How to Choose the Right Syringe
Whether it’s a flu shot, injection of anesthesia, or something else, all shots require the proper equipment to be safely and effectively administered. Both healthcare professionals giving shots to patients and people administering shots to themselves should take great care to use the appropriate syringe and needles. But how do you know what to use?
The correct type of needle or syringe will depend on the medication, the dosage, the injection site, and the state of the patient. Making the right choice will help make the injection delivery less stressful and less painful. Here’s what you should know:
Understanding Syringe Sizes
Syringes are labeled by how much liquid or medication they can hold. For liquids, this is measured in milliliters (ml). For solids, this is measured in cubic centimeters (cc). It’s worth noting that 1 cc is approximately equal to 1 mL.
Measurements can be found on the barrel of the syringe. The syringe size depends on how much medication is prescribed (the volume), and this is used to determine what size needle should be used. Here are some examples:
- 1 mL and 1 cc syringe: Intended for lower-dose medications. Their needles are no longer than half an inch and have needle gauges between 29G and 31G. 1 cc syringes are commonly used for self-care by those taking diabetic medication at home.
- 3 mL: The needle length of this syringe depends on the patient's age and ensures no injection site reactions. The needle gauges are between 23G and 25G. These syringes are used for vaccination.
- 5 mL: Used for intramuscular injections, these have a needle gauge size between 22G and 23G.
- 10 ml: Has a needle gauge between 22G and 23G and a needle length between 1 and 1.5 inches. Intended to be used for large-volume intramuscular injections.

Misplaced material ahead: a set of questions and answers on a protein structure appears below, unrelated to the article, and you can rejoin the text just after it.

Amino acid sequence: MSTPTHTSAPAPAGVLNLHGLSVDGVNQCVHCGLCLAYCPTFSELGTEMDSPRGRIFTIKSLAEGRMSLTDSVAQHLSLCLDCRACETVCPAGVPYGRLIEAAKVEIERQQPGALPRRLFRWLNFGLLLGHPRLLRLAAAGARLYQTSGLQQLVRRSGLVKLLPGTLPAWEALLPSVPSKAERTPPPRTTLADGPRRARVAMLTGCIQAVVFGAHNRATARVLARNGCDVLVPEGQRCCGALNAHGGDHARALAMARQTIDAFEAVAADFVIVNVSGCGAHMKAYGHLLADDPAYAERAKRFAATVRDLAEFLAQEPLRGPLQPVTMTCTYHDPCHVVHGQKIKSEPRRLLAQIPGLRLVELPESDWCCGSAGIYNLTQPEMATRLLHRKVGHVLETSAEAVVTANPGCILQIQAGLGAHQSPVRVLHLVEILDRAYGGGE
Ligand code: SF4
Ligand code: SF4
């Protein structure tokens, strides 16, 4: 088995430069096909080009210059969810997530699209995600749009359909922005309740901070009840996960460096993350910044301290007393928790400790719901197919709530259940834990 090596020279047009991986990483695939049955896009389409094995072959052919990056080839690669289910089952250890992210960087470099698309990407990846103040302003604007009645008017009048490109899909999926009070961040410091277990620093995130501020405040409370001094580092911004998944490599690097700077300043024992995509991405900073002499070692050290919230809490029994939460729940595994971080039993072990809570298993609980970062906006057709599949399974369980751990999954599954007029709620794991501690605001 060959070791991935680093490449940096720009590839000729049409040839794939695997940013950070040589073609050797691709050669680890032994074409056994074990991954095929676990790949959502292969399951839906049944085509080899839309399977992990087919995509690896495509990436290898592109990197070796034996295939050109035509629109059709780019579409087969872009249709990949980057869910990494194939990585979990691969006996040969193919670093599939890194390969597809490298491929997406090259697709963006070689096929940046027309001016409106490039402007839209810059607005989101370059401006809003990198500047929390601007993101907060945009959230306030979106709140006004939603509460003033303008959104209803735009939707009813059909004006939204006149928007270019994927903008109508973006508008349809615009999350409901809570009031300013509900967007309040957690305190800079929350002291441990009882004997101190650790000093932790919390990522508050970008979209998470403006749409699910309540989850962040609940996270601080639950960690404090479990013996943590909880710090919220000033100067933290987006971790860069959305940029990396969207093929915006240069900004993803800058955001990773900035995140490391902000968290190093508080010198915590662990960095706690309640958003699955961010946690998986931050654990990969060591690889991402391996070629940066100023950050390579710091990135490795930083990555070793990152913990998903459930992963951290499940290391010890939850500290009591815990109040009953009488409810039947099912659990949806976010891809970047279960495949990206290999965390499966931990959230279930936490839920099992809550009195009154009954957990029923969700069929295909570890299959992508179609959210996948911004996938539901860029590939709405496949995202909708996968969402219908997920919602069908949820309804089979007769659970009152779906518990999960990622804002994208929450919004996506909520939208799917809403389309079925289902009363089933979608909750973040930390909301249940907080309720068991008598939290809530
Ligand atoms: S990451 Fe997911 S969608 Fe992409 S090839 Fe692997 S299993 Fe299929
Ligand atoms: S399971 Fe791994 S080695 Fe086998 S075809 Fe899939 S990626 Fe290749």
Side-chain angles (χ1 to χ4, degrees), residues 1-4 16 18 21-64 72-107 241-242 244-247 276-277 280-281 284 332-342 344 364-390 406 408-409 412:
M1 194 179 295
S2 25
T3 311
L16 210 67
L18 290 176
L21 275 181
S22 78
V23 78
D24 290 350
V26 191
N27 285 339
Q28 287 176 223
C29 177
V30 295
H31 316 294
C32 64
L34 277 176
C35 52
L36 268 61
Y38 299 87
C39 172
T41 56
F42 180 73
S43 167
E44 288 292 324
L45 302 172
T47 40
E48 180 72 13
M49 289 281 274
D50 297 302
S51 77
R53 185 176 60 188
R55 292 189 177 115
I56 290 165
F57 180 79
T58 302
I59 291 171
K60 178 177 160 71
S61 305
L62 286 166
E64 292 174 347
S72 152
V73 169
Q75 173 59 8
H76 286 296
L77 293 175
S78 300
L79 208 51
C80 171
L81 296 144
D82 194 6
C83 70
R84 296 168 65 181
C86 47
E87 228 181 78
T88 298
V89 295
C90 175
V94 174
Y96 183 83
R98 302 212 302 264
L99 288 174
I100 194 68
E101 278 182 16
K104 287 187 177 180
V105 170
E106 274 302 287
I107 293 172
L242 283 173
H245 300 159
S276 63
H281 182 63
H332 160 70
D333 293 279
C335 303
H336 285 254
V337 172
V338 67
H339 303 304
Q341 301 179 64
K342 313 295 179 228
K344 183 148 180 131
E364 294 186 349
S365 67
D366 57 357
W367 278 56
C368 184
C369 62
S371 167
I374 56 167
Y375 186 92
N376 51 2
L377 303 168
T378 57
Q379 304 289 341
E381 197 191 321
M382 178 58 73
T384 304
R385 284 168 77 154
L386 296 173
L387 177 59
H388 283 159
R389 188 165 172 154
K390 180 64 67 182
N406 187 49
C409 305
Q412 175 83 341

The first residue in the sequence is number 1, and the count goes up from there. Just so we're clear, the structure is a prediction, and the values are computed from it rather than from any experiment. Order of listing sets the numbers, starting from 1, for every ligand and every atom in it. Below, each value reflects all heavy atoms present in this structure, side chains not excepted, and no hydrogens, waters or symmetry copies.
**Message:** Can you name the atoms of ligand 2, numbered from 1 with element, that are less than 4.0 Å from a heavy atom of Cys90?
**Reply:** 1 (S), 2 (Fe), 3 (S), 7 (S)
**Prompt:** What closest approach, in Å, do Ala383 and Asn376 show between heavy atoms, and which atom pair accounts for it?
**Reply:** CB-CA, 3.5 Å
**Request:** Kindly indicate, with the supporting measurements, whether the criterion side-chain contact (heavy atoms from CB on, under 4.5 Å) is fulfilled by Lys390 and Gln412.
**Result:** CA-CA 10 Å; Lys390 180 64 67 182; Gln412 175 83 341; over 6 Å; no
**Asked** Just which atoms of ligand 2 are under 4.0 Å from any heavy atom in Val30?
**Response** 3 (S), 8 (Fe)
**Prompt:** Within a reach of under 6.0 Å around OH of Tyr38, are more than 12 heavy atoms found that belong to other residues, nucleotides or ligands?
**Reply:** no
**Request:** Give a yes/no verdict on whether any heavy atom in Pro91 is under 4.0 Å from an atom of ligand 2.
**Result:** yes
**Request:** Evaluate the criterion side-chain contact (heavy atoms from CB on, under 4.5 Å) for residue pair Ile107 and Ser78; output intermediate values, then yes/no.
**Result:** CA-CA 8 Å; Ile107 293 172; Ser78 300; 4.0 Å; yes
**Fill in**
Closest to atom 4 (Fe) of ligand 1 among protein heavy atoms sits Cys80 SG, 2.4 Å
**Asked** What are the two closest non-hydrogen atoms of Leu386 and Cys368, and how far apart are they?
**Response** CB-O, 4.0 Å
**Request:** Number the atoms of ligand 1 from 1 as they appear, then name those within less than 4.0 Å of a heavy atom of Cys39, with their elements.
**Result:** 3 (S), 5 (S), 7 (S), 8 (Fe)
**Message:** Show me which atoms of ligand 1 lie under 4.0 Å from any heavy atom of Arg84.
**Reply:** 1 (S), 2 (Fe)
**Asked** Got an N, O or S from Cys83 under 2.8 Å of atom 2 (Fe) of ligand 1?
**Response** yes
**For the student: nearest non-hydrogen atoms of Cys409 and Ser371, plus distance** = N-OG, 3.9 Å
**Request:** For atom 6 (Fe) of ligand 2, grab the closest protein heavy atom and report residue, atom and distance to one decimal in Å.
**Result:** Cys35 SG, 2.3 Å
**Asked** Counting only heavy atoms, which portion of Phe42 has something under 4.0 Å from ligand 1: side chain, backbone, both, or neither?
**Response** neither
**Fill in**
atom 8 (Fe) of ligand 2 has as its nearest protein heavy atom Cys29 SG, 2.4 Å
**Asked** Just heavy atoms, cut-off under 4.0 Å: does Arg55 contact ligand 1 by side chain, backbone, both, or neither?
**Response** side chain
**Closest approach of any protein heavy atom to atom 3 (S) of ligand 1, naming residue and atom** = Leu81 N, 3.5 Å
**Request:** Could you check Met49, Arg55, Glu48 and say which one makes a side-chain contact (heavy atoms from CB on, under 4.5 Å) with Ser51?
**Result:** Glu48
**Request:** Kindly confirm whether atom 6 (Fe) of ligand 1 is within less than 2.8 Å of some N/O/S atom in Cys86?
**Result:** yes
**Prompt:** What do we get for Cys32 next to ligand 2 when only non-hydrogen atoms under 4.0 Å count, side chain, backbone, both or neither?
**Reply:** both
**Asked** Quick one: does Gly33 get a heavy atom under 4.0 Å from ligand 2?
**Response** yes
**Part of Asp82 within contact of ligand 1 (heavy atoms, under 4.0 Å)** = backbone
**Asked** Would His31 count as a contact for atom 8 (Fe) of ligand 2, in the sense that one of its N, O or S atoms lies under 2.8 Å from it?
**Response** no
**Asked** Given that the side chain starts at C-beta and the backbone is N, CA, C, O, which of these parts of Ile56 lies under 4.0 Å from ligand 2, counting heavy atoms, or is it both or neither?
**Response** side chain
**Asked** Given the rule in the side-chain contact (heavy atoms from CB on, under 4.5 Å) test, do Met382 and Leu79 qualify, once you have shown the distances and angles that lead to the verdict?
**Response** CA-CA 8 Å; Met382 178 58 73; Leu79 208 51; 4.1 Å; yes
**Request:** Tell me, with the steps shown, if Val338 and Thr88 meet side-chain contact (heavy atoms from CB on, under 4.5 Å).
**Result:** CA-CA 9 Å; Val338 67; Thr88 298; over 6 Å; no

Syringes Without Needles
Even without a needle, a syringe has various applications, including:
- Extracting, measuring, and transferring chemicals and solvents in the laboratory.
- Feeding milk, medicine, and even multivitamins to small farm animals in specific doses.
- During mucosal immunization or oral drug administration, a syringe without a needle is used to administer the liquid doses.
Oral medication syringes
An oral medication syringe has a clear barrel with easy-to-read scale measurements, ensuring children get the correct dose of medicine they need. These kinds of syringes are not compatible with a hypodermic needle attachment, which makes them safer and easier to use. They also mask the odor of the drug better than spoons or cups and, in cases where the drug has a bad taste, limit the area that comes in contact with the child's mouth so they swallow effortlessly. Oral syringes are between 1mL to 10 mL in size.
An allergy syringe administers the shot in two phases. First is the buildup phase, which is once a week for about seven months. Second, is the typical stage, which is two times a week. Allergy syringes are suitable for subcutaneous injections because they have a gauge between 25 and 27 and a short (half an inch) non-removable needle that can easily pierce the fatty tissue between the skin without causing much discomfort. Allergy syringes are used in allergen immunotherapy, which is one of the most effective forms of allergy treatment.
TB syringes are made of very thin stainless steel tubing and have graduations on the side of about 0.01 ml. They are commonly used for tuberculosis testing and vaccinations. The TB syringe also has bold scale markings that assist in making accurate dosage measurements and delivery easy, and their smaller and thinner size makes them easier to control and less threatening to patients.
No matter what kind of syringe you are using, you should always ensure it is sterile before carrying out a procedure and dispose of it properly. This protects you, patients, and others from disease and needlestick injuries. Additionally, always be sure to consider the volume of medication, how it will be administered, and the needle gauge before use. All these are factors that contribute to safe syringe usage.
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